He says that when Murdoch called to ask him for a drink at his Bel Air estate overlooking his winery, Moraga Vineyards, he figured that the Fox mogul just wanted to find out if he was running for president, maybe to pass the information to Trump.
"He barely has poured his glass of sauvignon blanc and he asks me the question," Iger recalls. "At that point, I was thinking about it. I didn't really want to tell him. So I was dismissive. I said, 'You know, a lot of people have said I should look at it. My wife hates the idea. Next.' "
Aside from Bay's reluctance, Iger doubted that the Democrats would support a successful business person. "I think the Democratic Party would brand me as just another rich guy who's out of touch with America," he tells me, "who doesn't have any sense for what's good for the plight of the people."
The nastiest place on Earth
I ask how the Murdoch sons, Lachlan and James, affected the Fox deal. Was it like an episode of Succession? As Jim Rutenberg and Jonathan Mahler reported in The New York Times Magazine, Lachlan was furious about it, seeing his future shrinking, and James pushed for it, possibly believing he could snag a top job at Disney.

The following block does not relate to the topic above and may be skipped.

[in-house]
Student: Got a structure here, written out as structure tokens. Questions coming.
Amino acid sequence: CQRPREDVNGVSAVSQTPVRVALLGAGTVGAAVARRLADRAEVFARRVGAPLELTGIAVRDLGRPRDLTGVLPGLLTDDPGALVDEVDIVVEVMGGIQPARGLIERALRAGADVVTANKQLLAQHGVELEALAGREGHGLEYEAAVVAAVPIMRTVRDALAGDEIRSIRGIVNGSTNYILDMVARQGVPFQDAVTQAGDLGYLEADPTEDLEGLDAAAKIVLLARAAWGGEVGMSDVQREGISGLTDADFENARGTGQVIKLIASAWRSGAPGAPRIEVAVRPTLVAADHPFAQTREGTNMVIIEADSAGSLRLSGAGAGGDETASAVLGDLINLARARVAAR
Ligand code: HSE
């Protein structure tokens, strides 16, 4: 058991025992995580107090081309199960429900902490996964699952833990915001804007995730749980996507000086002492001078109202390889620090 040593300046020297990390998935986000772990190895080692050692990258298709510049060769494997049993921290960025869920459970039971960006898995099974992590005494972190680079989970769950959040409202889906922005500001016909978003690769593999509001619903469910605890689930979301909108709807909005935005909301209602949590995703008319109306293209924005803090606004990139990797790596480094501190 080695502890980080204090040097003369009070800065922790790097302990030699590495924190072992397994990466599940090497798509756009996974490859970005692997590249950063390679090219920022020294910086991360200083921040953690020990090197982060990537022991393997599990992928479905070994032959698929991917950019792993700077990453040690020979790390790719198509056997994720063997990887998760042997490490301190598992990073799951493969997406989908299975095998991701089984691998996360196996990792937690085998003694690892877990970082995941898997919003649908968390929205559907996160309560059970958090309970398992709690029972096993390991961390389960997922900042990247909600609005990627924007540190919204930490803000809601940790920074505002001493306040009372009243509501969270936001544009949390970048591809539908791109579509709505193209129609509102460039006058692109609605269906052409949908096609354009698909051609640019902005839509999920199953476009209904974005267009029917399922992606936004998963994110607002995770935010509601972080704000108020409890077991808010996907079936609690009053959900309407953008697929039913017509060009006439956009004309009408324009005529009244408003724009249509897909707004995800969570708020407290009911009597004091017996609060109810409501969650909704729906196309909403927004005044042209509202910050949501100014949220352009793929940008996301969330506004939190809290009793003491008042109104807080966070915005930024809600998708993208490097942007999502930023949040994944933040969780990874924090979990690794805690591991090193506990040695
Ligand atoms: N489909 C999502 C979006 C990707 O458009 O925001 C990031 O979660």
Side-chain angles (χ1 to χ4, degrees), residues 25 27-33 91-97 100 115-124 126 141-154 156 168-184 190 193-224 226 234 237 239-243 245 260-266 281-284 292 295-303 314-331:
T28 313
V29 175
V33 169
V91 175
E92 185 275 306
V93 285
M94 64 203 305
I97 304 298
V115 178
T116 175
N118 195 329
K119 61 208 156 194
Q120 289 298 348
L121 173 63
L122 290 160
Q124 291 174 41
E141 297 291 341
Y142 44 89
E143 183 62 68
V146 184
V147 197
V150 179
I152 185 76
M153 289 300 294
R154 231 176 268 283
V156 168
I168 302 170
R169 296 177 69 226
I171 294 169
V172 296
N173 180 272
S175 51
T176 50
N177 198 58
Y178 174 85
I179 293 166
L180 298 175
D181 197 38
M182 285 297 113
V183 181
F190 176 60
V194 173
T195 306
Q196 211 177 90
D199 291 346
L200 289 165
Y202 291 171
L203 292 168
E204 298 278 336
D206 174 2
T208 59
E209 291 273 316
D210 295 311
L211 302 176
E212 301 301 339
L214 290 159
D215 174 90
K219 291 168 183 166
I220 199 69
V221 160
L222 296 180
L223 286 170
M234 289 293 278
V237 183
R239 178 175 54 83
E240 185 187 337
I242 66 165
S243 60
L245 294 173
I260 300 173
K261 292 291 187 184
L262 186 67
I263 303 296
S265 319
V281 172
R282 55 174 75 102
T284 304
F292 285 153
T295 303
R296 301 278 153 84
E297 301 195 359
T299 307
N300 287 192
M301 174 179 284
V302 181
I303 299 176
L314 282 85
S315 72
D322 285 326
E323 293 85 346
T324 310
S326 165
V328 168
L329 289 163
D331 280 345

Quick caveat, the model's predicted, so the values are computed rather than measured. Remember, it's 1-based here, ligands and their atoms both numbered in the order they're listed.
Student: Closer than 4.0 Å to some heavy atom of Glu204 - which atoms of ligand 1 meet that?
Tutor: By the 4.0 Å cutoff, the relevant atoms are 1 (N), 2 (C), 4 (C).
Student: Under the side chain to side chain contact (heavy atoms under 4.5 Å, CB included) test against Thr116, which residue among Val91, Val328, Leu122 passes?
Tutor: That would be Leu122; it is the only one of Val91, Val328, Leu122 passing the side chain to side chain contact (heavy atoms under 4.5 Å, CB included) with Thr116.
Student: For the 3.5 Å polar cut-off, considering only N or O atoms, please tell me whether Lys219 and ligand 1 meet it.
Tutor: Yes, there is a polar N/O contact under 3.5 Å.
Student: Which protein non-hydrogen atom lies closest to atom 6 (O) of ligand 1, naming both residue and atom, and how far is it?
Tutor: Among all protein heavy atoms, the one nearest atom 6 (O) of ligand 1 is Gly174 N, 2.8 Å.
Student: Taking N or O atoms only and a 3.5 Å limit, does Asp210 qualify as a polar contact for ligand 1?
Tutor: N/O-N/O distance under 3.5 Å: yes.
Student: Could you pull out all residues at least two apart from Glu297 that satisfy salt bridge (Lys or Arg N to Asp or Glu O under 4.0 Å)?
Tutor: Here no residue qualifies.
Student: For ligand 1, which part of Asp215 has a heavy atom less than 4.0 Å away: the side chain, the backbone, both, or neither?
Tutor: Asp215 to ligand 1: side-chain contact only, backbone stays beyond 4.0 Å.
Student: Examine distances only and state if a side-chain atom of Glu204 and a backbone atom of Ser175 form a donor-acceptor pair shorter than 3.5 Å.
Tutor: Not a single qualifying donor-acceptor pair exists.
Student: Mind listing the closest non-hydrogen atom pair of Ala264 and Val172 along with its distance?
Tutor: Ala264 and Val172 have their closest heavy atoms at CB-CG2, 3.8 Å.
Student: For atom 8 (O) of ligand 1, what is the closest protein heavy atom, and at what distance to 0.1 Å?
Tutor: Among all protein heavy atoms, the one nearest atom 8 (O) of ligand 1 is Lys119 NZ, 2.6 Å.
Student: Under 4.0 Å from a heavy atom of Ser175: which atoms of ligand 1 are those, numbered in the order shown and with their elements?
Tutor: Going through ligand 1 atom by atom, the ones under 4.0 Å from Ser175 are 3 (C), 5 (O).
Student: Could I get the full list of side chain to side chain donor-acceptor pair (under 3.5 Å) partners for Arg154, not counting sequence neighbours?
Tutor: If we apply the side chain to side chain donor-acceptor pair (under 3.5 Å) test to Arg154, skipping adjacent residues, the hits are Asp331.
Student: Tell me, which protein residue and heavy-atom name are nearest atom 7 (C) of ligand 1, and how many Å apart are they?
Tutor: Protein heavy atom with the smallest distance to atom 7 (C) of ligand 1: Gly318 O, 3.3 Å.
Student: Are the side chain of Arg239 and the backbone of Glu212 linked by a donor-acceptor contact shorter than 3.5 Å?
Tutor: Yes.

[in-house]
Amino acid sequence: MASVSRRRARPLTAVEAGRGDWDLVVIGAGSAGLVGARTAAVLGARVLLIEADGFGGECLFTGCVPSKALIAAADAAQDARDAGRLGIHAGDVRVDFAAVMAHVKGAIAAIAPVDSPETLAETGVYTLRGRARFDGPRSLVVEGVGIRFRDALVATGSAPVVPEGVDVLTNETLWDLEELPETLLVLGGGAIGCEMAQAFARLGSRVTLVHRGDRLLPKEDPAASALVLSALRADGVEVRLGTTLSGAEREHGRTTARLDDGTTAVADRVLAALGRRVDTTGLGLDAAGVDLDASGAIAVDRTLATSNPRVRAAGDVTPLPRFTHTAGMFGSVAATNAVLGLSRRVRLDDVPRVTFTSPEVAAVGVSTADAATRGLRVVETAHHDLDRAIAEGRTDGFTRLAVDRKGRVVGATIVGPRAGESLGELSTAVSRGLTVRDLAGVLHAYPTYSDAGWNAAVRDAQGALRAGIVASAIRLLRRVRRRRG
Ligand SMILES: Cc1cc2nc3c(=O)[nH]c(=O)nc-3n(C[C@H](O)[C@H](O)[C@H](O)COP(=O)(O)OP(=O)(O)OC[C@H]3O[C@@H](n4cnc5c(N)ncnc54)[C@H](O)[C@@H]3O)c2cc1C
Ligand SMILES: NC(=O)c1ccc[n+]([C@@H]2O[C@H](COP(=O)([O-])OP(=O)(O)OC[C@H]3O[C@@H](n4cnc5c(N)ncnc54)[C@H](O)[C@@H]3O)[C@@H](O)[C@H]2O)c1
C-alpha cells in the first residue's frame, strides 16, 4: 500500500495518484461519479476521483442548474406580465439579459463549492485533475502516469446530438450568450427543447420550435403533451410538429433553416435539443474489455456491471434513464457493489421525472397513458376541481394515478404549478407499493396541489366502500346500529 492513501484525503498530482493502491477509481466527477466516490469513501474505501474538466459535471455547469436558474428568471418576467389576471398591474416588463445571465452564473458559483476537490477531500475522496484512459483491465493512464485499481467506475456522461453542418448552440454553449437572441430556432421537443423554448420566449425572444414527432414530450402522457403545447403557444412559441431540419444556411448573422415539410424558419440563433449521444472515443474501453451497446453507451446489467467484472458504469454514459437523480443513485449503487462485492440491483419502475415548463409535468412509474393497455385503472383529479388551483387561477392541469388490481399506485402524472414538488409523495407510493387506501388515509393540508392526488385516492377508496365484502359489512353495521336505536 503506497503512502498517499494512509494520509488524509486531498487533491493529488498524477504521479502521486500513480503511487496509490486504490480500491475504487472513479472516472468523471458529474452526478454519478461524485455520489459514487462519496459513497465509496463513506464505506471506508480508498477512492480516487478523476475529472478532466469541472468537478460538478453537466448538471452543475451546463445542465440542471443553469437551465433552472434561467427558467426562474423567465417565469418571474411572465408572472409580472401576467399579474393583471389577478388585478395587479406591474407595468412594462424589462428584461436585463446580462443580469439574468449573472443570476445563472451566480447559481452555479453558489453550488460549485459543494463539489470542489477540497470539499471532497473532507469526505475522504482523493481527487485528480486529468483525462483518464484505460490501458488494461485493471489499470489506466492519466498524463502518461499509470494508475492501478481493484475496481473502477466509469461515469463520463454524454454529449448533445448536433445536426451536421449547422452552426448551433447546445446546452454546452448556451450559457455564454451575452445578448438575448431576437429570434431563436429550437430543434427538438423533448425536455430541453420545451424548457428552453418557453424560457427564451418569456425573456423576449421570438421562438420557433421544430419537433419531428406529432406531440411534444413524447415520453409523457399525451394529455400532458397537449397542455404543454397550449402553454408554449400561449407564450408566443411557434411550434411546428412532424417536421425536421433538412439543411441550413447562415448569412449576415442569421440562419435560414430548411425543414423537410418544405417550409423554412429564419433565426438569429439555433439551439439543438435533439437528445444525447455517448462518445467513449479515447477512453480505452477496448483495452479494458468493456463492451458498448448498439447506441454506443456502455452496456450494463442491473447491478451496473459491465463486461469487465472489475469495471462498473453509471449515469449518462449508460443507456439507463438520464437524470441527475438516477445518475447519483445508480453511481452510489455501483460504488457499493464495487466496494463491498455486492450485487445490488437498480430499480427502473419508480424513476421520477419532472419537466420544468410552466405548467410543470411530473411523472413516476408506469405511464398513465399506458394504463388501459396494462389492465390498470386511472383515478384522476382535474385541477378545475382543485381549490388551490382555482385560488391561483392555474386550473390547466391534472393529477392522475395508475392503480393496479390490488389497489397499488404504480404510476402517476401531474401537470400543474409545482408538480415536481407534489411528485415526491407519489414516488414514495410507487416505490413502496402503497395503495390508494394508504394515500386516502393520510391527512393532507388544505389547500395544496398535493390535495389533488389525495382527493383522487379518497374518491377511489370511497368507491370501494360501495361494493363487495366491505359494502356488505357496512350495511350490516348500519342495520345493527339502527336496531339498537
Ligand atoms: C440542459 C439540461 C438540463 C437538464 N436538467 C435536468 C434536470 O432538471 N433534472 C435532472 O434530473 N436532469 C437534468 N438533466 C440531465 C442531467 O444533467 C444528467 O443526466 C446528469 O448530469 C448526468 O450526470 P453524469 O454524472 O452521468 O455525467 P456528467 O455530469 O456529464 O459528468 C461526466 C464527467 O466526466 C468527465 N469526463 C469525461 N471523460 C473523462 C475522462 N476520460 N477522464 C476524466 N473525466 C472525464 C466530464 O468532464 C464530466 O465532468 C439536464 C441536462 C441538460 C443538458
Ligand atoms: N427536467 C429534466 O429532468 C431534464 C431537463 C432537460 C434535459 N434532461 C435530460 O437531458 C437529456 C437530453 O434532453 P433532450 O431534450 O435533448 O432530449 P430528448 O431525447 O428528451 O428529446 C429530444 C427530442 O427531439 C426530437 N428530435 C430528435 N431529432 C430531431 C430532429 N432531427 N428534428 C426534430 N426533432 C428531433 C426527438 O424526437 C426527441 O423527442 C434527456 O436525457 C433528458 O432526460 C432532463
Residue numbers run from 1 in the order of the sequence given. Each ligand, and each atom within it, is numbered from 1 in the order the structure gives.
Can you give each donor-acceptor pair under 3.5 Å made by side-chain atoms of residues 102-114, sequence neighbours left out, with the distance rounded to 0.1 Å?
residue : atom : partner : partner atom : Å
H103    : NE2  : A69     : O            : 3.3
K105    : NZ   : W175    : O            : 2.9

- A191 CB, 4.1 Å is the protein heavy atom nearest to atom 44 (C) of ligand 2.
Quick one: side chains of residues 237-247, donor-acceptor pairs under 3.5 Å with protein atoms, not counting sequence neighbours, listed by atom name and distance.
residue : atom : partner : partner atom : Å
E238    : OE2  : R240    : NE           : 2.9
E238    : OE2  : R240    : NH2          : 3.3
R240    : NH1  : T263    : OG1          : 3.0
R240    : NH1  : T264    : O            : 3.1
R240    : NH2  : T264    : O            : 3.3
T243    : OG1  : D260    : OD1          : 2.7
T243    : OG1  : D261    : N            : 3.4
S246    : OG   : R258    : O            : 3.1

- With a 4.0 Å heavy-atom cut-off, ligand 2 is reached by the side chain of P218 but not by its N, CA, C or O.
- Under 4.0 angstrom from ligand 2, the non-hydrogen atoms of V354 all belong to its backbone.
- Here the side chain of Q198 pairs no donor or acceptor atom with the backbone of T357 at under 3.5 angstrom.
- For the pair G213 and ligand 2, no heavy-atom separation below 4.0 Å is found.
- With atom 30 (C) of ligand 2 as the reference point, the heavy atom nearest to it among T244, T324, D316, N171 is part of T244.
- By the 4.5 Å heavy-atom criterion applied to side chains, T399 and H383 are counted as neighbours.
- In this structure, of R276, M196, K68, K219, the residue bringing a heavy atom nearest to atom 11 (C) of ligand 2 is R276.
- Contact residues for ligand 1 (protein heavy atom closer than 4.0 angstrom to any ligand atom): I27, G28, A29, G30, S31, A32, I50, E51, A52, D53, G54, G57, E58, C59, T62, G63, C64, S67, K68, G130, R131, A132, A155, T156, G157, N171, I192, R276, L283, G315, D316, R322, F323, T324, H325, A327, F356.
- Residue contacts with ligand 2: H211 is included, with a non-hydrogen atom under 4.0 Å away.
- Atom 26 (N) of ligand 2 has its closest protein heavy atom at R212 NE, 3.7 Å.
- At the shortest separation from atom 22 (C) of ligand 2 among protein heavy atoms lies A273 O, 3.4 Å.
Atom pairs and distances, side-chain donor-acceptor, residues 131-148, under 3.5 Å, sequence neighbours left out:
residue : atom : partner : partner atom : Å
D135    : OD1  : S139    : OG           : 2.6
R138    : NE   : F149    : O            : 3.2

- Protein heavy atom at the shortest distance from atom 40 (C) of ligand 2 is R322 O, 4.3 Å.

Iger says he doesn't want to "get into the Shakespearean drama" of it all, but adds carefully: "If you're asking me whether the relationship with the sons and the relationship the sons have with one another and their potential future in the company was ever on the table in negotiation, the answer is yes. But never to a point where it got in the way of us doing what we wanted to do and Rupert doing what he wanted to do."
He says that he got on well with James, even if he was not a fit for Disney, and that James was helpful during the transition.
When Iger did his slap-down of Fox assets for Wall Street, noting that Fox was in worse shape than he had thought, was he implying that Rupert Murdoch had taken advantage of him?
"It wasn't a slap-down," Iger says. "It was an admission that the movies that they had made failed. And I actually gave then a tremendous amount of cover by saying that when companies are bought, processes and decision making can come to a halt.